Vishavjit Singh, a Sikh cartoonist, spent a day in NYC dressed as Captain America in a turban. (Photo above by Fiona Aboud.) Over at Salon, Singh posted some of what he learned from the experience. Below, a bit of that and also a video of the superhero in action.
Premiering on PBS next Tuesday, Superheroes: A Never-Ending Battle is a three-part series about the history of comic book heroes and their impact on culture. There's also a hardcover companion book, titled Superheroes!: Capes, Cowls, and the Creation of Comic Book Culture, featuring full color art and interviews with Stan Lee, Michael Chabon, Grant Morrison, Adam West, and dozens of other icons and insiders. In the above clip from the PBS documentary, Stan Lee talks about the science of superheroes.
"Wonder Woman," a live action short by Rainfall Films. "It's a scant two and half minutes, but in the end, it's one hundred and fifty seconds of pure fantasy, where I get to consider the two sides of my favorite warrior: a crusader in man's world, and a paragon of virtue told through Greek mythology," says director Sam Balcomb.
Clark Kent fanboy bread, by Chris-Rachael Oseland.
Geek cook Chris-Rachael Oseland of kitchenoverlord.com has come up with another awesome nerd-themed recipe: bread that displays the Superman "S" symbol, just like Clark Kent would eat for his hero sandwich. The end result looks super fun and cute, but the process of making the multi-layered, colored bread is really interesting, too. I can imagine making other special-occasion breads in the same way.
DC's "New 52" is a reboot of all its major superhero comics and several of its less-regarded ones. In the latter category is a silly Silver Age title called Dial H for Hero about a lad from Littleville, CO who can turn into a variety of randomly selected superheroes by dialling "H-E-R-O" on a weird telephone dial he found in a mystic cave.
The reboot of "Dial H for Hero" is called simply "Dial H," and is written by none other than New Weird chieftain China Mieville, whose prodigious imagination and wicked sense of humor are on fine display in the first collection of Dial H: Dial H Vol. 1: Into You. Mieville doesn't apologize for the fundamental absurdity of the premise. Instead, he turns it up to 11. And then he turns it up to 12.
Last year, Nicolas Silberfaden photographed superhero and celebrity impersonators in Los Angeles. If they look bummed out, it's because Silberfaden asked them to "to manifest feelings of genuine sadness – honest emotions that are a consequence of our current times." Each photo, he explains, "is a somber, striking visual image that contradicts the iconic nature of strength and moral righteousness typical in American superhero and celebrity imagery. Creating the illusion that Superman does exist – that he too was fallible and affected by America’s downturn." "Impersonators" (via Neatorama)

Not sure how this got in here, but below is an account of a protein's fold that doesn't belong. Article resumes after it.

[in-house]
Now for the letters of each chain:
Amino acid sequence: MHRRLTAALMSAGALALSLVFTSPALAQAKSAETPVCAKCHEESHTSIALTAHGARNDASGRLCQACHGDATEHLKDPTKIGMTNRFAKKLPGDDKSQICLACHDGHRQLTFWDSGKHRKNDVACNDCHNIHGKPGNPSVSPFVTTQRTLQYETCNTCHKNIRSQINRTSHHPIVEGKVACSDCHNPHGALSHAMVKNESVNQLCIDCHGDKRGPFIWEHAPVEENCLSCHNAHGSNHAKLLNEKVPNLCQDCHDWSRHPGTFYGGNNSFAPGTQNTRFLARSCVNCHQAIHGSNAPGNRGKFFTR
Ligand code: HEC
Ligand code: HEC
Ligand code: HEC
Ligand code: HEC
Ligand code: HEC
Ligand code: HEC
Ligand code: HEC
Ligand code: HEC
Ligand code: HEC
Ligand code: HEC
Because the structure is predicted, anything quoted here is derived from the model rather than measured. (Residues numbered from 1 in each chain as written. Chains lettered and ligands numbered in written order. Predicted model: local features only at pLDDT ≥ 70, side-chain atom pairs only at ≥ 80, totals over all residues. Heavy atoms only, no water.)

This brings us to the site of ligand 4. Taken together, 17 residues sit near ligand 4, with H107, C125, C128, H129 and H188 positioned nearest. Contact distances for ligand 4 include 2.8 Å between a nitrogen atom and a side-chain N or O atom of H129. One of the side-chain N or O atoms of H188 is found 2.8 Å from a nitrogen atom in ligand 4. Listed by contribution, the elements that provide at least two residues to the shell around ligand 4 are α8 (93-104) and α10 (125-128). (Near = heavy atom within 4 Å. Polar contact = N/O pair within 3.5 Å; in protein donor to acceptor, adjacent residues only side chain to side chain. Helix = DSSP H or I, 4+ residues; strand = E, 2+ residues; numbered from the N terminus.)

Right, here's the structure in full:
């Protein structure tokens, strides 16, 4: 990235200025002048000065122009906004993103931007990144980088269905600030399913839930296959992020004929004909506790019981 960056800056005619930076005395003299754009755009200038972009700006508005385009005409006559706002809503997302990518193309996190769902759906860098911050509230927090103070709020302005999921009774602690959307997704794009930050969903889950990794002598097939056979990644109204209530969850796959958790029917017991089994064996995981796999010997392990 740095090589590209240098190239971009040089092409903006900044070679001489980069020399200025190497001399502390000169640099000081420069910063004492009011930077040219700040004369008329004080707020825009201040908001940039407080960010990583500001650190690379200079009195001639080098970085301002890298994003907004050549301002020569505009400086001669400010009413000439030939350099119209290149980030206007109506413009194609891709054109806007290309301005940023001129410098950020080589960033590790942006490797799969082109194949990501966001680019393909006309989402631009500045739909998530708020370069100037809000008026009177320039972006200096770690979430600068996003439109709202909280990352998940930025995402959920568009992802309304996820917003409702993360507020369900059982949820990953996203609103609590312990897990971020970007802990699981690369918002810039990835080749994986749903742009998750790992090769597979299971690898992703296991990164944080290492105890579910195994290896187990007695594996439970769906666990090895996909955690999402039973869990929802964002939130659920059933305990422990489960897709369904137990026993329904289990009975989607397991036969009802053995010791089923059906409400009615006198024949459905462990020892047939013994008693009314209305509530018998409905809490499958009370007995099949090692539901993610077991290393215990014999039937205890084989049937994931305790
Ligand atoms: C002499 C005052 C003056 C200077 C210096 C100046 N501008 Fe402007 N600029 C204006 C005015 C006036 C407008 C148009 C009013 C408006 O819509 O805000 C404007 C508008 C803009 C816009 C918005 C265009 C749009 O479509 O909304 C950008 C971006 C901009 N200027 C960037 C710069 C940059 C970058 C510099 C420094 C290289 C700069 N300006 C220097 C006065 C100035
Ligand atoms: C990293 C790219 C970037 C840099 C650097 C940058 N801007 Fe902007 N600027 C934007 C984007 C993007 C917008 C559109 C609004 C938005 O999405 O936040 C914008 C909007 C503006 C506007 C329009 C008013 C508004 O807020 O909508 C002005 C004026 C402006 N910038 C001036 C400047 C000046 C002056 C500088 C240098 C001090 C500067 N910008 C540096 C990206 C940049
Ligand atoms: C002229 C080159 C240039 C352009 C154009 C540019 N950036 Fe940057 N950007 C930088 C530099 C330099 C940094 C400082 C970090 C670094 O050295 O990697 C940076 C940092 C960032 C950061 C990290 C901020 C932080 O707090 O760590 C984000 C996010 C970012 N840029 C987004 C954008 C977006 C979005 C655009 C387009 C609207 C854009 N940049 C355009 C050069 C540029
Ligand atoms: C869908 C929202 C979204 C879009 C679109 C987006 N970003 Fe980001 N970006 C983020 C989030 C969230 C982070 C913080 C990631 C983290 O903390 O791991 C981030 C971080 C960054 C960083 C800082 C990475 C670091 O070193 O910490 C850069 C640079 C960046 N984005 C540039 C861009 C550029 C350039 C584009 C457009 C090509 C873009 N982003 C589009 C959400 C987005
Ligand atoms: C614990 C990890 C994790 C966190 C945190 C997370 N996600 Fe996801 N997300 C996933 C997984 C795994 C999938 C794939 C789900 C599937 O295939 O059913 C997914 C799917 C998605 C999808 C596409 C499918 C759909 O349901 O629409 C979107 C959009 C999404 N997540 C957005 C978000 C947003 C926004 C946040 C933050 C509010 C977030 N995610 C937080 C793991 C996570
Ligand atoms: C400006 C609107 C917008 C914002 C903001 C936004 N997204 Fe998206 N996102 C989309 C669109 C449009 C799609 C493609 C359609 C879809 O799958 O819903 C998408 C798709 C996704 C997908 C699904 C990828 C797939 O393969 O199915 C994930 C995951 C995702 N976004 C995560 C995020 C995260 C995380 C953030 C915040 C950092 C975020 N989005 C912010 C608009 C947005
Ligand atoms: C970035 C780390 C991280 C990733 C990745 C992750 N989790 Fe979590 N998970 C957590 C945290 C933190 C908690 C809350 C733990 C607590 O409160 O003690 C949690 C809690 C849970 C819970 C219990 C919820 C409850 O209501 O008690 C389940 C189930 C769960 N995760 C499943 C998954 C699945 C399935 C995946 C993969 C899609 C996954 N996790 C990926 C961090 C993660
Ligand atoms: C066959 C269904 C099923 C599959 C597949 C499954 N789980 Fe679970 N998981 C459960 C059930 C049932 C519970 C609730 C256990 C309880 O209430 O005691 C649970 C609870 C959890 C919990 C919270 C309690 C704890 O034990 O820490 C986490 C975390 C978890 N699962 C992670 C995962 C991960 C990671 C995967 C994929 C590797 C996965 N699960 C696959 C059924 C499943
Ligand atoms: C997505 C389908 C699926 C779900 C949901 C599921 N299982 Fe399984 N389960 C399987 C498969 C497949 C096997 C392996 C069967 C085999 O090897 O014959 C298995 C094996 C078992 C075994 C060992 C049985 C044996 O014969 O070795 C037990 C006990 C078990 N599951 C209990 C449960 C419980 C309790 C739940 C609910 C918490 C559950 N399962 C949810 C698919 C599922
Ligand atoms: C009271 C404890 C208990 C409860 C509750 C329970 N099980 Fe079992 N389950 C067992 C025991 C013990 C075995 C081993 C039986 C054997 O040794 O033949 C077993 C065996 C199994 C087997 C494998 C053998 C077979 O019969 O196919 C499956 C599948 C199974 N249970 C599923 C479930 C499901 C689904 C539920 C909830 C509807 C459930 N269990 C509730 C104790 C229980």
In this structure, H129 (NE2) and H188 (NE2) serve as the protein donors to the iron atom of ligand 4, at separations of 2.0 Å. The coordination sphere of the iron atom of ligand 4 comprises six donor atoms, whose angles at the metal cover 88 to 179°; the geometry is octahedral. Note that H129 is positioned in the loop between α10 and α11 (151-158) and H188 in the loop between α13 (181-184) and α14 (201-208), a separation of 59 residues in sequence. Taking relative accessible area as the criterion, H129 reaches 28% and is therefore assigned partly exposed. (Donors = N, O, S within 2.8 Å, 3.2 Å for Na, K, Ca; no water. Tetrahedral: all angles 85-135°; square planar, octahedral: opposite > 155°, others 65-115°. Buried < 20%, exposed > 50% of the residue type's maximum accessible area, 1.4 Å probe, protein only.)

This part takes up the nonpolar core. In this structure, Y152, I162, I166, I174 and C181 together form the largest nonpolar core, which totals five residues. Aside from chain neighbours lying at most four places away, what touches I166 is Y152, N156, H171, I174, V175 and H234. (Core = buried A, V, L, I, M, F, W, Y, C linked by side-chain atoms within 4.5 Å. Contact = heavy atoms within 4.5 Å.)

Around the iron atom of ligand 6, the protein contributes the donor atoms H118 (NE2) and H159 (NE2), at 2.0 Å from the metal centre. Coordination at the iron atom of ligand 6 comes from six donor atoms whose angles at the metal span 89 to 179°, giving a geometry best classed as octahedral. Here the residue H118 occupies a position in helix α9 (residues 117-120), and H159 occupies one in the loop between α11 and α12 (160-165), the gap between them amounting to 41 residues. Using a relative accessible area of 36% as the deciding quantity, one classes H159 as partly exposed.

Scientific advising for science-fiction films is a really fascinating topic for me. It's a weird, weird world, where the goal is not necessarily extreme accuracy, but extreme believability. That can be a stress point for science, a field that is, generally, all about striving for accuracy. The scientists that help directors create believable worlds have to balance the goal of educating the public with the goal of entertaining same. That can be tough, and it leads some creative solutions—and little educational Easter Eggs buried in the background of blockbusters.
Take the work University of Minnesota physicist Jim Kakalios recently did for the new Spider-Man reboot. The film's creators asked him to invent a complicated-looking equation that, in the context of the story, would relate to cell regeneration and human mortality.
How do you invent a fictional equation? Start with a real one.
In this video, Kakalios explains where his imaginary equation came from, starting with the Gompertz Equation, a very real function that describes mortality rates and can be used to model tumor growth.
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Mark Newport, whose hand-knit superhero costumes have been mentioned here before, has a gallery show at the University of Tennessee at Knoxville's Ewing Gallery. I really love these pieces -- they'd make great jammies (or, without the legs, hoodies).